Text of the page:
Android TV Box

After some serious investigation, I decided to cut the umbilical cord of entertainment which has defined households for several decades when it comes to TV time.

Yes, I decided to cut my cable TV subscription when the current contract ends. Of course, not the broadband fibre internet connection, that is absolutely needed.

What happened, you might ask. I am asking myself why I kept paying for cable all these years.

High speed broadband internet of the order of 300 MBPS and above became available only some 3 years ago in Singapore. I got my 1 GBPS connectivity around 2 years ago (though it is namesake only, the speed does not come anywhere close to the stated speed of 1 GBPS, though it is fast).

Without such high-speed internet, it would not have been anyway possible to eliminate the cable subscription.

I was surprised with the plethora of options available on streaming internet with an Android TV Box. Not only that, I could even view foreign news channels and sports TV which are not available even with a cable subscription. Thousands of viewing choices become available at your fingertip.

Of course, we do not have time to see even one movie completely at home. I used to just see the top news on CNN and some financial news on CNBC. Nothing much else. I became movie and TV serial friendly only upon the advent of Netflix. Though I would like to maximize my returns from that monthly subscription (which enables the family to see movies and serials on laptops and iPADs), personally I struggled with watching even one full season of a serial. So, time is short when you are looking at the familiar options, and that does not change a wee bit even with the Android TV Box.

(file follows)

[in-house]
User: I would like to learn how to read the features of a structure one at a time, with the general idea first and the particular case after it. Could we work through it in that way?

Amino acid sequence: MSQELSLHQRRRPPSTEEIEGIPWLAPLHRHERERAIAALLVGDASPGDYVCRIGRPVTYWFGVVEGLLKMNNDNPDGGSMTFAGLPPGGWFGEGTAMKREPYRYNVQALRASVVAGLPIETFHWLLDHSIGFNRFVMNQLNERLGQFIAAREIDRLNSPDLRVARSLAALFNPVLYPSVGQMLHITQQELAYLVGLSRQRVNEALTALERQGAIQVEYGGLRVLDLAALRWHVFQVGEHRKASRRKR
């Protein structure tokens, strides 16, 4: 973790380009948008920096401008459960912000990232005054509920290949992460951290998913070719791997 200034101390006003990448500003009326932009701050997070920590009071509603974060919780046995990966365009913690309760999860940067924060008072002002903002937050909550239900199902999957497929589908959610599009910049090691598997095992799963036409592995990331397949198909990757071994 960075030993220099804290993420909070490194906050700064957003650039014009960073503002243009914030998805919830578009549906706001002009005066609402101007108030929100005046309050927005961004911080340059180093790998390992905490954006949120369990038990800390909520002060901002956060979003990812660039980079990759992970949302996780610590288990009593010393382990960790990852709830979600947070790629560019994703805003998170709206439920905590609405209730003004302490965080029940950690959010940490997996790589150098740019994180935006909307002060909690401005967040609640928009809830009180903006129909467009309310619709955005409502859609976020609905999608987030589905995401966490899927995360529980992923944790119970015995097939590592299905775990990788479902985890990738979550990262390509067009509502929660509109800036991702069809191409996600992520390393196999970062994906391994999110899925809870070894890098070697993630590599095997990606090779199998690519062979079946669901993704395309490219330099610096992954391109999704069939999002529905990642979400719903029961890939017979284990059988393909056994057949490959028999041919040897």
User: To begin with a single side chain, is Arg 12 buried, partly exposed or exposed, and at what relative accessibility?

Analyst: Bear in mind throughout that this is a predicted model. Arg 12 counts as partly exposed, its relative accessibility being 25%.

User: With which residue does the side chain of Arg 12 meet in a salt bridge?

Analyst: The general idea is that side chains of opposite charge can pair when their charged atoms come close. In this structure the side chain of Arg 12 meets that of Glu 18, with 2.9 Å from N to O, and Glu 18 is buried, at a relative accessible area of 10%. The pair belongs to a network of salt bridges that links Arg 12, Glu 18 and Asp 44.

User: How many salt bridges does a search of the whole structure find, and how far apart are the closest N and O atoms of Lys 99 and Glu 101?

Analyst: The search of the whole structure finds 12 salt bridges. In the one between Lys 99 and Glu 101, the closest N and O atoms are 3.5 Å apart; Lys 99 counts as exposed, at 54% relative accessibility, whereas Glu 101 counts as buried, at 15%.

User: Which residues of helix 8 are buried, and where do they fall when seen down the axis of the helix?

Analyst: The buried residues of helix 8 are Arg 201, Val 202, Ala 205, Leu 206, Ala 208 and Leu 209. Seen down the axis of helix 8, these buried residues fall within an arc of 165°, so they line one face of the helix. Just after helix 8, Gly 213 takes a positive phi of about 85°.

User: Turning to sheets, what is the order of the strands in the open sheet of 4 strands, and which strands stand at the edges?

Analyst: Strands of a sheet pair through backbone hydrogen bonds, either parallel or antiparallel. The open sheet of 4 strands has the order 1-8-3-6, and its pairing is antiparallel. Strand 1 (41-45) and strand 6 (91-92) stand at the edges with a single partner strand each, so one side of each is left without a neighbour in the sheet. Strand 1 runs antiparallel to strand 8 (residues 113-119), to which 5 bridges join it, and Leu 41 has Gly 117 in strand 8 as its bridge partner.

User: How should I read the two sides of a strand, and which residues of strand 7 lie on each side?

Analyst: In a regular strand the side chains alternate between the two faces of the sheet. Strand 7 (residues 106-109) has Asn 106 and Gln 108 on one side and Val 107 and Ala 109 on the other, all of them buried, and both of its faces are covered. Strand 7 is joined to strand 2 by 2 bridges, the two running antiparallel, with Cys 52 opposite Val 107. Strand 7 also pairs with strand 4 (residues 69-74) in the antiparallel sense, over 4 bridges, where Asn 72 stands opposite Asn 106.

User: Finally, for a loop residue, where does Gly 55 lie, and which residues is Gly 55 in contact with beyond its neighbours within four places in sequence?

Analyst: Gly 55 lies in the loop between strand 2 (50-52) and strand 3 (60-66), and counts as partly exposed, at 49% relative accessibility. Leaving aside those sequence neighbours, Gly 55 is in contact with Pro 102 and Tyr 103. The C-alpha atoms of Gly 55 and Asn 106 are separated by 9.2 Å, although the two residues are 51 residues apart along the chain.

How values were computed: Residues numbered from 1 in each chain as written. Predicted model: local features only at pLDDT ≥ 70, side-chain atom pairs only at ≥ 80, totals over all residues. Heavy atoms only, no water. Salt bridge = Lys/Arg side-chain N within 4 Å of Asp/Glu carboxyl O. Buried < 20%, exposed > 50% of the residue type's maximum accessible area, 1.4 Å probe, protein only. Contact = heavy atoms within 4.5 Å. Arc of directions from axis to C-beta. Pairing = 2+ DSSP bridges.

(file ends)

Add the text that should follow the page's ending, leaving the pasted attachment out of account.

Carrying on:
However, I took it upon myself the project of cutting cable subscription costs which are quite steep in a tight market like Singapore wherein the competition is rather limited. It became a technical evaluation project, not surprisingly. I am not an Android guy, having been committed to the iPhone for the past over 5 years, so it took some time to figure out things.

It was, however, an exciting investigation. It took me just about couple of weeks to figure out what to do and how to execute, what to buy, etc., I studied a variety of options and eliminated most as local support in Singapore was found lacking. I did not want to just walk into Sim Lim Tower (the consumer electronics hub of Singapore), and pick up any kind of Android TV Box, though my research did produce options which were available there. I decided to go and buy online, which I ultimately did, saving time and effort.

There is a mind-boggling variety of options available to anyone who wants to cut the cable cord and move into streaming media technology. It took me a while to wade through fake claims and determine what are the really good options available.